You made the wrong choice

by Fabrice Calando on April 24, 2014

Everyday we make different choices: should I wear the brown or the purple socks? Should I go right or left? Should I take the 8:16 train instead of the 8:01 train or better yet should I play hooky just call in sick? Should I quit my job? Should I get the oil changed? Should I, should I, should I… You could say that life is a series of choices.

We make choices based on different factors — upbringing, experience, education, values, faith, beliefs, assumptions. Some people even say that we repeat the same patterns and choices generation after generation until someone breaks the cycle.

The thing you need to understand about choices is that they’re extremely selfish. Once you’ve made it, whatever the reason was, you and you alone have to live up to it.

You walk alone. Once you’ve decided on a path don’t expect others to follow. We have our own choices to make, our own lives to live.

Granted, your choices can impact others, but you and you alone has the responsibility to live up to them. And the truth is most people won’t care. A few will hate them and tear you down, others will love them and put you on a pedestal, but most just won’t care.

That’s all scary, but liberating as well. It’s liberating because, if no one cares about your choice, then you are free to go ahead and take control. Take a risk, do what’s important to you. You have the entire responsibility to make choices that will make you happy.

Sure, there will be tough times, but guaranteed the toughest thing is choosing based on what you think others want. If you’re going to walk alone, it might as well be down the path you choose.

As for me, this morning I took the 8:16 train instead of the 8:01. I’m a rebel what can I say.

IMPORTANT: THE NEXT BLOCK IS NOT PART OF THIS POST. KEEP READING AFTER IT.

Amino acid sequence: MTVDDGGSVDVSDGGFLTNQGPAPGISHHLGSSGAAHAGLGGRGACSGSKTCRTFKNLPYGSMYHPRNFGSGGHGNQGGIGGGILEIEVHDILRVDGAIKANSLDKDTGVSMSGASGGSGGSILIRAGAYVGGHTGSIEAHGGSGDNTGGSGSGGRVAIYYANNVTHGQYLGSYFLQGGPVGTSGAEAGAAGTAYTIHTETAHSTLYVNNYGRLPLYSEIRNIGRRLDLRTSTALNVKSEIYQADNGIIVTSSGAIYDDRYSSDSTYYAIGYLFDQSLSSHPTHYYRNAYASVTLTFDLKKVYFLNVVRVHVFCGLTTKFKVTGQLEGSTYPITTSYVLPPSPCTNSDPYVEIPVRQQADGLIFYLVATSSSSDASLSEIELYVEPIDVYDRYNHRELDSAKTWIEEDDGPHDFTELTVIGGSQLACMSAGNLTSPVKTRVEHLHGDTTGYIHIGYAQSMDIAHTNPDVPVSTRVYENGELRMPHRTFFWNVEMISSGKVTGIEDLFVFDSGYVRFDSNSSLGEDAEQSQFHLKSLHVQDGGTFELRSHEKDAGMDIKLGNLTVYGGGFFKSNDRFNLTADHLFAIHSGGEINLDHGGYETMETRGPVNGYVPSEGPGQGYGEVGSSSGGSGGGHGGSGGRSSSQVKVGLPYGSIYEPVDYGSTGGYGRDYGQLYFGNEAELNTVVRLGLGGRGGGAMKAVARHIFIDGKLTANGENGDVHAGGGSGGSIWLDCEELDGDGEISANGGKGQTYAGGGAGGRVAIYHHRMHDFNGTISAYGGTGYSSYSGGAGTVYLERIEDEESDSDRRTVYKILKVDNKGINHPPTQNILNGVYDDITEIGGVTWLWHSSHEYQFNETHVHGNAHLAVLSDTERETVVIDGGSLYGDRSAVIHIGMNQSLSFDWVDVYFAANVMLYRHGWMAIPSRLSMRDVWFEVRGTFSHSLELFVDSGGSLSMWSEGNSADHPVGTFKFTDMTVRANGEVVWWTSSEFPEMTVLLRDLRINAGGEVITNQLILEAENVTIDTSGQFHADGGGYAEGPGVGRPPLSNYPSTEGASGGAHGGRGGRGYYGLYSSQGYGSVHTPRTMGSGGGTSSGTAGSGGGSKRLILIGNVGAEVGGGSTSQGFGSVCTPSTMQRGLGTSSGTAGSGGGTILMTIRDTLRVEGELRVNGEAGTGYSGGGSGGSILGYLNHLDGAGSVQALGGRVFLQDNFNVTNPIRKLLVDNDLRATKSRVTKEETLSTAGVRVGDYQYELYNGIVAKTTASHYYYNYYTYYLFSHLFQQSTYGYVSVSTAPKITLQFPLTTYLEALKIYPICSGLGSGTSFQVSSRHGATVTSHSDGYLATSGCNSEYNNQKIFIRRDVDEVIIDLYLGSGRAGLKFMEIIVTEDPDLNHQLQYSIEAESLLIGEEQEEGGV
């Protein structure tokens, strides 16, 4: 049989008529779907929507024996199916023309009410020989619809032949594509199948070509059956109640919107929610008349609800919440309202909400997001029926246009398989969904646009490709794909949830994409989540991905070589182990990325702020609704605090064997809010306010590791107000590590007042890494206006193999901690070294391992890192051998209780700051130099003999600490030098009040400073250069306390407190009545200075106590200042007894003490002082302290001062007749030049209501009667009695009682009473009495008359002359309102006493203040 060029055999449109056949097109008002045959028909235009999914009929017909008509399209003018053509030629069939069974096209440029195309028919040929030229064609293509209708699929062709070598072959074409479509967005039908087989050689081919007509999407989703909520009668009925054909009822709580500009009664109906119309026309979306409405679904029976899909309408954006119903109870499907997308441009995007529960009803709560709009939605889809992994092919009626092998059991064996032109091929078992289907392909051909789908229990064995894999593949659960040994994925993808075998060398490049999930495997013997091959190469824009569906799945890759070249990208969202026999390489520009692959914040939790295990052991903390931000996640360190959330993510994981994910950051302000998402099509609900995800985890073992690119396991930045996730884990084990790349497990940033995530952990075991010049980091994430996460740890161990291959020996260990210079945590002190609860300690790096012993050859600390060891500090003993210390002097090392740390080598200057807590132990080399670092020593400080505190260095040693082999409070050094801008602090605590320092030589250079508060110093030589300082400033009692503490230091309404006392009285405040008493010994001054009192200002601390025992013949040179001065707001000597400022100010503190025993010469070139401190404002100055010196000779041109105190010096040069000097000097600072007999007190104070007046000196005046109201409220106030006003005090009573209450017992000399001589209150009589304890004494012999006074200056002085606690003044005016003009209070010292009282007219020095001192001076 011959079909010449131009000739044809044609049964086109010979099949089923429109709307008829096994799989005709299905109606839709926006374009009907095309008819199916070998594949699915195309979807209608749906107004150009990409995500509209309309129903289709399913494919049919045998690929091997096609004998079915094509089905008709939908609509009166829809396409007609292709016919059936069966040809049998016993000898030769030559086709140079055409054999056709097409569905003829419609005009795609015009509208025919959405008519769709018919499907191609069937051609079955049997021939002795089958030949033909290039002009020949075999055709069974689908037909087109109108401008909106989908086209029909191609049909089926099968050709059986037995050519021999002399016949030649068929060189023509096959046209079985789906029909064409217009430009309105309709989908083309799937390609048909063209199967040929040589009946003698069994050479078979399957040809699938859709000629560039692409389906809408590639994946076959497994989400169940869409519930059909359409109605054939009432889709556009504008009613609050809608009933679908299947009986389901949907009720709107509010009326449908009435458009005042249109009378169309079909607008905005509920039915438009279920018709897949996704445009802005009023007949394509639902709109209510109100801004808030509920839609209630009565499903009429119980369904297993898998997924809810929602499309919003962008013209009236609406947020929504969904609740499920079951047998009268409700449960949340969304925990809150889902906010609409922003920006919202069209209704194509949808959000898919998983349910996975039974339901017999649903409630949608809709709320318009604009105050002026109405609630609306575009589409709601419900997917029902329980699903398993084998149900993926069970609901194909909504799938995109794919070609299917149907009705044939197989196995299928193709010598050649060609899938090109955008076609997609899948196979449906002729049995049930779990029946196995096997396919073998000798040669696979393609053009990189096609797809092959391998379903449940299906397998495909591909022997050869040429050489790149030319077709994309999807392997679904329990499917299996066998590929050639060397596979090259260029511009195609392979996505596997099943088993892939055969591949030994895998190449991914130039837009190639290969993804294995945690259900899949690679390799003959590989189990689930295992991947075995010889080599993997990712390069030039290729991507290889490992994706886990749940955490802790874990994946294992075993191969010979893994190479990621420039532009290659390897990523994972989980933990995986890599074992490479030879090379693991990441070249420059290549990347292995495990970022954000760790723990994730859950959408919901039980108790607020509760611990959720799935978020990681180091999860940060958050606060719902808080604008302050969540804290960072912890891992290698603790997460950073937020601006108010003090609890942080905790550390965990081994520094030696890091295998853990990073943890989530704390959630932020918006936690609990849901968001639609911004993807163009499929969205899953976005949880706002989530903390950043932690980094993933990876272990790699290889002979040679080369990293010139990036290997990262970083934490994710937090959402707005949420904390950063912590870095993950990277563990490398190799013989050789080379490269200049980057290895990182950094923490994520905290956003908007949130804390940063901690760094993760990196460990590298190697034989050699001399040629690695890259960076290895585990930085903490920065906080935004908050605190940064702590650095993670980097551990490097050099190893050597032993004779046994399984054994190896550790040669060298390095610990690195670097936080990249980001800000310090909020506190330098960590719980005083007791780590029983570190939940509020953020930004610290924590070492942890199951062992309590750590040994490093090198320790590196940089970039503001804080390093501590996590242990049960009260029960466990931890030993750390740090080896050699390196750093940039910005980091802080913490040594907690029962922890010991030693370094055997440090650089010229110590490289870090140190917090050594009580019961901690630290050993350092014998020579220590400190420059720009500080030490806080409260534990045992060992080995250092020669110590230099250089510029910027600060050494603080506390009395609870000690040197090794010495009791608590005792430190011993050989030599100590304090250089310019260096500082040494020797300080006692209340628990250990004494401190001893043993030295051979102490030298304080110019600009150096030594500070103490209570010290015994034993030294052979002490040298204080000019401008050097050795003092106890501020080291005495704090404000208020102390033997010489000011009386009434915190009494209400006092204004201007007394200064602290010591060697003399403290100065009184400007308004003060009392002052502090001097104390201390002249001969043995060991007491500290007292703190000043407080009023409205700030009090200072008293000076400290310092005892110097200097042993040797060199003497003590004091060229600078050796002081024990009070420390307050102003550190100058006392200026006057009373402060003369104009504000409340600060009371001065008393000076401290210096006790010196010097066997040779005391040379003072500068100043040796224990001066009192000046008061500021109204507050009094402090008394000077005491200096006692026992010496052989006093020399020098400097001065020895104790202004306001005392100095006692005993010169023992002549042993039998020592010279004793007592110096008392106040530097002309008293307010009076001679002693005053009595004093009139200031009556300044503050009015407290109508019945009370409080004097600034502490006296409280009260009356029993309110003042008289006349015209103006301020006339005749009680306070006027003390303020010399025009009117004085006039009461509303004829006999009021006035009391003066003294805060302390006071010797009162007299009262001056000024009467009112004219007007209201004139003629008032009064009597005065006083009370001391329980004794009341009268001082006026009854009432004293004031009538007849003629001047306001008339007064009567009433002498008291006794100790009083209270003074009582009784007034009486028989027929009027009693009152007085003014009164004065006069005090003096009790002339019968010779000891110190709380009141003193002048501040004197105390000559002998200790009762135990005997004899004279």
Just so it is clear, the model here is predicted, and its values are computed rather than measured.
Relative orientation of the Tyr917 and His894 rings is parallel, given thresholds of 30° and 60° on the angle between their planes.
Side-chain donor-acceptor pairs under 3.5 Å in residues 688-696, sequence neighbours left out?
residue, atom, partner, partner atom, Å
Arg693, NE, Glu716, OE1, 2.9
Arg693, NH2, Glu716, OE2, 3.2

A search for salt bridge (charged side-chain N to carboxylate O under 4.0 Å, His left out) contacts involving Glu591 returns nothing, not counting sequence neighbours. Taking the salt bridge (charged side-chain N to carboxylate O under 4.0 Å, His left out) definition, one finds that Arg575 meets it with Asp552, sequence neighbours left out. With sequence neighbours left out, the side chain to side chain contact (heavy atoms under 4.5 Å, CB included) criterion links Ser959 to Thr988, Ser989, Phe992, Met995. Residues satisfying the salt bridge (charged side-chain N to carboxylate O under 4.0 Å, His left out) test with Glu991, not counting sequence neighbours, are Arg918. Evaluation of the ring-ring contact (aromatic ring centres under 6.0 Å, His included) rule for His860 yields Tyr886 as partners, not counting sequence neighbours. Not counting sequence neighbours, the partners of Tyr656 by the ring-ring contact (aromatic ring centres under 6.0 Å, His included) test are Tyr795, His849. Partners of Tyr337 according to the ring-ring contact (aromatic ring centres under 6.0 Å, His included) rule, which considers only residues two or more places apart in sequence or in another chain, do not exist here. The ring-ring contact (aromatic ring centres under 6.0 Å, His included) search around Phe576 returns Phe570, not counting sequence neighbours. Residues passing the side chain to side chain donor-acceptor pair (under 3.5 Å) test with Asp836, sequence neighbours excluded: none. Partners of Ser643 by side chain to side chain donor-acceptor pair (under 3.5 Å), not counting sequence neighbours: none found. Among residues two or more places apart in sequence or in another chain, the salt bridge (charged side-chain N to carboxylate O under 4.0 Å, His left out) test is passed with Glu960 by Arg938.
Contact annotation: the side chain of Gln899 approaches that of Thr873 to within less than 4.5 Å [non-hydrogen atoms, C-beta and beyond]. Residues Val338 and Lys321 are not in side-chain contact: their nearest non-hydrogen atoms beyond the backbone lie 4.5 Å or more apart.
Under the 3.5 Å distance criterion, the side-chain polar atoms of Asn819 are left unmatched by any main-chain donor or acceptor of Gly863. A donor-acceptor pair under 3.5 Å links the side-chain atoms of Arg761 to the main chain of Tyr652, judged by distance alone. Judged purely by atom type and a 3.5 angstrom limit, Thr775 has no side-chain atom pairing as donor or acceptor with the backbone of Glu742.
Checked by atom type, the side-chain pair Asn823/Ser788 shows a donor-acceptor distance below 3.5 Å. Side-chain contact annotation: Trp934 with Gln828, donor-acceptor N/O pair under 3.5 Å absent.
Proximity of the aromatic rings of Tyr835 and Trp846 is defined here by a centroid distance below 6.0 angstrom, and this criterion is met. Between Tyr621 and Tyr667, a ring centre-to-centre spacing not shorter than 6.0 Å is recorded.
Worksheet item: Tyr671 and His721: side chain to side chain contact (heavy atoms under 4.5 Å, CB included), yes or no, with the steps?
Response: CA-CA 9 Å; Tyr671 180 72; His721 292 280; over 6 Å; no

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On good and great athletes

by Fabrice Calando on April 23, 2014

The difference between a great athlete and a good one is the ability to win and lose. We all win at times and lose at others and you’ve heard the story before, after a loss the good athlete blames the refs for all the bad calls. A win is obviously because of their skill and talent.

The great athlete on the other hand takes both wins and loses with stride and as a learning opportunity. Sure there’s celebration when they succeed and disappointment when they fail, but they know how to handle defeat. They take responsibility, don’t shy away from further risk, pick themselves up and get going again.

The trick then is to learn how to differentiate and pick the great athletes, the great managers, the great leaders and let them bring their own game.

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You don’t know what you’re talking about!

by Fabrice Calando on April 22, 2014

It’s tempting to get offended when someone speaks or acts against something you hold dearly — a project you care about, a deeply held belief, your experience, your ideas. It’s easy to get angry, get frustrated, become dismissive and close yourself off.

The thing about taking offense is this:

The problem with taking offense is that it’s really hard to figure out what to do with it after you’re done using it.

Better to just leave it on the table and walk away. Umbrage untaken quietly disappears.

Seth Godin